"We've had radio controlled aircraft for many decades, with few problems; t"
The difference is that previously, flying a model aircraft took skill and nearly all participants joined a club and organization that had flying safety codes that members where expected to adhere to. The clubs operated a flying field that mostly limited hobby craft to a well known location and members could be tossed out for being reckless. Most parks ban model aircraft flying for the safety of other people using the park and to not have annoying buzzing engines all over the place.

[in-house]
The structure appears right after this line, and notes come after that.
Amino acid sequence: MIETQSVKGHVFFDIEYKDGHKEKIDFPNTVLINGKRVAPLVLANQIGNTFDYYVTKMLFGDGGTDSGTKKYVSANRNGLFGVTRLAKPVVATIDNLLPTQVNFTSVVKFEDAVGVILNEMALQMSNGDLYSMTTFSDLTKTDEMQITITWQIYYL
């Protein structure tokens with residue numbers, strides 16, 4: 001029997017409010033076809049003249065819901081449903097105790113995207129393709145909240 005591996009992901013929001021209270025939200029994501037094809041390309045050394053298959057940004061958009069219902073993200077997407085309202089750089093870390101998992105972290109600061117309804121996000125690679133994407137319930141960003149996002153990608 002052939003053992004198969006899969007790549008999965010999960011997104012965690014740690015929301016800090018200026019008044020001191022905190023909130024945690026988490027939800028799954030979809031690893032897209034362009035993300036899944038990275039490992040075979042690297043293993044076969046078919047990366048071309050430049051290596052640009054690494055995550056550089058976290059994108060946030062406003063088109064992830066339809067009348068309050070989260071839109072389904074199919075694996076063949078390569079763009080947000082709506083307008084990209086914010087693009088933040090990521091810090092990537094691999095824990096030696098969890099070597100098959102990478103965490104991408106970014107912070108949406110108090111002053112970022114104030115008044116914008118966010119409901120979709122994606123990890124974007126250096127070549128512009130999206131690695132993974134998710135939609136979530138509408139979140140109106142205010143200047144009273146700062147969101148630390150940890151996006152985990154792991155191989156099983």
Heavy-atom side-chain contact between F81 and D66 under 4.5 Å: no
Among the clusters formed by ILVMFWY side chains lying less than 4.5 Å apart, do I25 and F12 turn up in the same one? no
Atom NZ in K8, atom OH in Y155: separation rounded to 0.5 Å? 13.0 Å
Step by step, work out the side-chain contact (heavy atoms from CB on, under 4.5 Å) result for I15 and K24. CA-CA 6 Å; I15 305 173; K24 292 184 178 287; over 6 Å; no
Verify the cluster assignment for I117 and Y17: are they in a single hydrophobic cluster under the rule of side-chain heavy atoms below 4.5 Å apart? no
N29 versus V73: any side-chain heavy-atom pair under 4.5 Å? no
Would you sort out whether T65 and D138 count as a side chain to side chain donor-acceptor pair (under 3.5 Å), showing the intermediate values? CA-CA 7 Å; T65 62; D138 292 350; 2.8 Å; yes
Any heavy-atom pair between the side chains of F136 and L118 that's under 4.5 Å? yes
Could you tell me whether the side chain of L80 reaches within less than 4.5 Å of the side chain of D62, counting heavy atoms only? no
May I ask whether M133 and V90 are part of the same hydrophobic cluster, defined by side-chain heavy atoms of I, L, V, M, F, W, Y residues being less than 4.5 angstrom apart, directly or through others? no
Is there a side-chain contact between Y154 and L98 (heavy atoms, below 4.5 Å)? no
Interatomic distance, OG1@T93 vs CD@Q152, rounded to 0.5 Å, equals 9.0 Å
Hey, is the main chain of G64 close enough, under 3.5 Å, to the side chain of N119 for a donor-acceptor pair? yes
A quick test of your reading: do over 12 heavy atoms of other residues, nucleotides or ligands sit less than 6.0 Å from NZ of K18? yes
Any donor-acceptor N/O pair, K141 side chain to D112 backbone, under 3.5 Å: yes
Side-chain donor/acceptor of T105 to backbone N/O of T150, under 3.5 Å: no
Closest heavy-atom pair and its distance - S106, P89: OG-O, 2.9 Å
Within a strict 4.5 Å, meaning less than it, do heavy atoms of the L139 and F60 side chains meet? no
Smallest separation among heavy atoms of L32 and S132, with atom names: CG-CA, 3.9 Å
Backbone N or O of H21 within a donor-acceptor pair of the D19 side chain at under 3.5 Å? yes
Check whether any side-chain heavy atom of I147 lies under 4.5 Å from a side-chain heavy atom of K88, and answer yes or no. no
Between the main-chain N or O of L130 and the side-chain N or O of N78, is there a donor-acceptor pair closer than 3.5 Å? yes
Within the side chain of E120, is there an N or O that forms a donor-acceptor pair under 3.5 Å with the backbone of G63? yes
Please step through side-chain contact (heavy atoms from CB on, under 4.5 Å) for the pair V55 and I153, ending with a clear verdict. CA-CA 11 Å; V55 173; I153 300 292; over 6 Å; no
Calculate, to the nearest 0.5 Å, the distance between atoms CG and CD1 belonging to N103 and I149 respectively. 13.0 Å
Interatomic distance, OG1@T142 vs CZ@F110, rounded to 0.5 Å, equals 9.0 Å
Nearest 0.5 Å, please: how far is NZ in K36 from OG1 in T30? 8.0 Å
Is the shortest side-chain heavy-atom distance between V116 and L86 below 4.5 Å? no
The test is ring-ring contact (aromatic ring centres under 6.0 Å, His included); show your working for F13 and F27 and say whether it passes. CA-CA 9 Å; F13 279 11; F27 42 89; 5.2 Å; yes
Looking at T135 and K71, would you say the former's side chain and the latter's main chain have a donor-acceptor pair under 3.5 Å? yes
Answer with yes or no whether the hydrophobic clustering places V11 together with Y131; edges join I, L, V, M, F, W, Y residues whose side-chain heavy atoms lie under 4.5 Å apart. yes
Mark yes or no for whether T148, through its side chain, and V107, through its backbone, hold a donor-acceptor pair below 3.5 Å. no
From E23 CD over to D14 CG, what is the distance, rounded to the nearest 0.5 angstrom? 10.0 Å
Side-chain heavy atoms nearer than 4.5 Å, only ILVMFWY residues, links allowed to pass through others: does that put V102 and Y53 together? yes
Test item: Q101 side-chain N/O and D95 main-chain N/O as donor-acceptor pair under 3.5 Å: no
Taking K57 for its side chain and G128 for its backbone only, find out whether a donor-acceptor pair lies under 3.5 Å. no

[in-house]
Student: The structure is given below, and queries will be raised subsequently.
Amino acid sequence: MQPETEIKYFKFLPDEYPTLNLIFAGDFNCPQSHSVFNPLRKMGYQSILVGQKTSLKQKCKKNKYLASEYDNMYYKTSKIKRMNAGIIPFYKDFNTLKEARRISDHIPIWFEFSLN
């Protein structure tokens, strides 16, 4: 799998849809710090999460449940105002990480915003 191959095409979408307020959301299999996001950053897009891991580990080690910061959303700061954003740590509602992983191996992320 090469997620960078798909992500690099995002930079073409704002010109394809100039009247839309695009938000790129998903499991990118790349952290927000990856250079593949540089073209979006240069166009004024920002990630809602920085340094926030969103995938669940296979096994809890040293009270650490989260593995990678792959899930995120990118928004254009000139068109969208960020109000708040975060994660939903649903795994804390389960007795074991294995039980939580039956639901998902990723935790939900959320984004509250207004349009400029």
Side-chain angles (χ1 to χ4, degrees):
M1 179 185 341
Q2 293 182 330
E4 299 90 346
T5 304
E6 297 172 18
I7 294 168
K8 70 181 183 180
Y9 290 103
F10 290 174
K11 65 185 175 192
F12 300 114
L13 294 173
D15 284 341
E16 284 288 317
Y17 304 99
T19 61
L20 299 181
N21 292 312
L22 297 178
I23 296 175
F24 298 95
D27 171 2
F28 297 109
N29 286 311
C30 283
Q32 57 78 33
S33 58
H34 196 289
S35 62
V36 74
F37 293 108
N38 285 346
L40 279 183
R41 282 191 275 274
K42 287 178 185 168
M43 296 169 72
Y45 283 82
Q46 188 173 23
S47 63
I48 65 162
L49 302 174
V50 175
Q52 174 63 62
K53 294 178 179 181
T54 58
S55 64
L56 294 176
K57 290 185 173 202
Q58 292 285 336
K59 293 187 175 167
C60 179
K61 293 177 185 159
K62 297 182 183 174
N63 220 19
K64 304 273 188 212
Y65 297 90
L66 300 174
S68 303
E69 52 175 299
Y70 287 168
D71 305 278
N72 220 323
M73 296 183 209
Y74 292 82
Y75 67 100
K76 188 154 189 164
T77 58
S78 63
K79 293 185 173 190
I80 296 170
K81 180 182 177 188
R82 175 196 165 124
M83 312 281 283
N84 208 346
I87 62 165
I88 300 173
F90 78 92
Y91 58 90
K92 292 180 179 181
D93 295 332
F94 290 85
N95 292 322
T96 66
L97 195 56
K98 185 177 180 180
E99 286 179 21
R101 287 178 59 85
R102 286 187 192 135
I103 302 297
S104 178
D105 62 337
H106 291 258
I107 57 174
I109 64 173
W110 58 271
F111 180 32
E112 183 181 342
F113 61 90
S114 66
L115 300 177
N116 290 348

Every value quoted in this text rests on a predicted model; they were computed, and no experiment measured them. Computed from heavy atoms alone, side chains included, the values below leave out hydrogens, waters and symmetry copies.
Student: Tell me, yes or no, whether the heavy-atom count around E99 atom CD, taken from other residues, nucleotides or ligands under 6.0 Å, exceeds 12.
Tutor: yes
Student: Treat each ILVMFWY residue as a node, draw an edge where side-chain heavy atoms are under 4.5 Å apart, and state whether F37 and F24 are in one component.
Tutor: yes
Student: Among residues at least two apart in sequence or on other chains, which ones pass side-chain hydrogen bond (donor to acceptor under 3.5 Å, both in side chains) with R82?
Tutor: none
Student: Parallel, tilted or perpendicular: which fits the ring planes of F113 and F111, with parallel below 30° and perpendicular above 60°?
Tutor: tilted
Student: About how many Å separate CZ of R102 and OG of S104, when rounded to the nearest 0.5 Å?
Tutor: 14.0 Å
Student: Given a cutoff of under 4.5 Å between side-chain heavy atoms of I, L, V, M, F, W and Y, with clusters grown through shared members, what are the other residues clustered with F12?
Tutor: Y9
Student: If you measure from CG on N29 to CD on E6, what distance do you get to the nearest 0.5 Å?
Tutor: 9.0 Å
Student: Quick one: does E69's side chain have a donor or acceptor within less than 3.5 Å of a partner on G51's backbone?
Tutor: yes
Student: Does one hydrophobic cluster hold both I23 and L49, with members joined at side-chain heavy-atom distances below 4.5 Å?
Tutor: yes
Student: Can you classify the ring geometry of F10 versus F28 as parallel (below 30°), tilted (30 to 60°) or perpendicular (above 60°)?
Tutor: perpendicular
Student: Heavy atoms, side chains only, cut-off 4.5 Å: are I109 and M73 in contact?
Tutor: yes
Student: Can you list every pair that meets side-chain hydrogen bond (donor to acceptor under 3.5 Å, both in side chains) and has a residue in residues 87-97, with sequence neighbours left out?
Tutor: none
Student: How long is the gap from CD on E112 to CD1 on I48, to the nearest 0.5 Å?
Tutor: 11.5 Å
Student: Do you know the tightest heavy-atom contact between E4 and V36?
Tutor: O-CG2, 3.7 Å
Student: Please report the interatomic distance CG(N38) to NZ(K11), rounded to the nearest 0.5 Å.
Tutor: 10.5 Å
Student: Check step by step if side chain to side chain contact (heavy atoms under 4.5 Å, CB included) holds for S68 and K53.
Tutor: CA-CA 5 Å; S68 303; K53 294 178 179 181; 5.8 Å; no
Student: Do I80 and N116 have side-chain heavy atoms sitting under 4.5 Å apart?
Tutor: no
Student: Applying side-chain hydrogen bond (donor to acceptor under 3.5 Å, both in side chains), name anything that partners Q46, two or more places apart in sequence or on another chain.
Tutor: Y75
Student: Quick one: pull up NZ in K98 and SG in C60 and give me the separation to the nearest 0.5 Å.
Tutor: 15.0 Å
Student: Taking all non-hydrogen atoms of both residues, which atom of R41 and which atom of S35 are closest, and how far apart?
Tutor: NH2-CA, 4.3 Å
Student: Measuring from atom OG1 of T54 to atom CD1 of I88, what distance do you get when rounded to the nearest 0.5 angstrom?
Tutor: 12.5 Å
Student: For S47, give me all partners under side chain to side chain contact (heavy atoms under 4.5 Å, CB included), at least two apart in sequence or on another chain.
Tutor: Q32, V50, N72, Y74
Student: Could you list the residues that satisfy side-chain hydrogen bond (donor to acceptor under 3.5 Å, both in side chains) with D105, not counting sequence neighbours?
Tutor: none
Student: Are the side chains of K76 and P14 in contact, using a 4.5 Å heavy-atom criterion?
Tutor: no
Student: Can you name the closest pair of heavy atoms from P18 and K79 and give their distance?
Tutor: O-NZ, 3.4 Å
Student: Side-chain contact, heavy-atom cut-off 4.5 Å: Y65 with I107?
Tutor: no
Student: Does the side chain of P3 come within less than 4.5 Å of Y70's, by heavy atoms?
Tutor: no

Drones take very little skill to keep in the air and will often sort themselves out with the push of a button if the "pilot" gets themselves in trouble. Therein lies the problem. It's the sword vs. gun issue. A sword takes strength and skill to use effectively and a gun doesn't much at all. With a model aircraft, chances are that the first few times a new pilot takes to the air it isn't going to end well and they have to spend time and money to gain enough competency to keep the airplane flying for any length of time and to get it to go where they want it to. Fire up a drone and just twiddle the joysticks and most can generally manage to keep it up and flying in the general direction they want until the battery goes flat.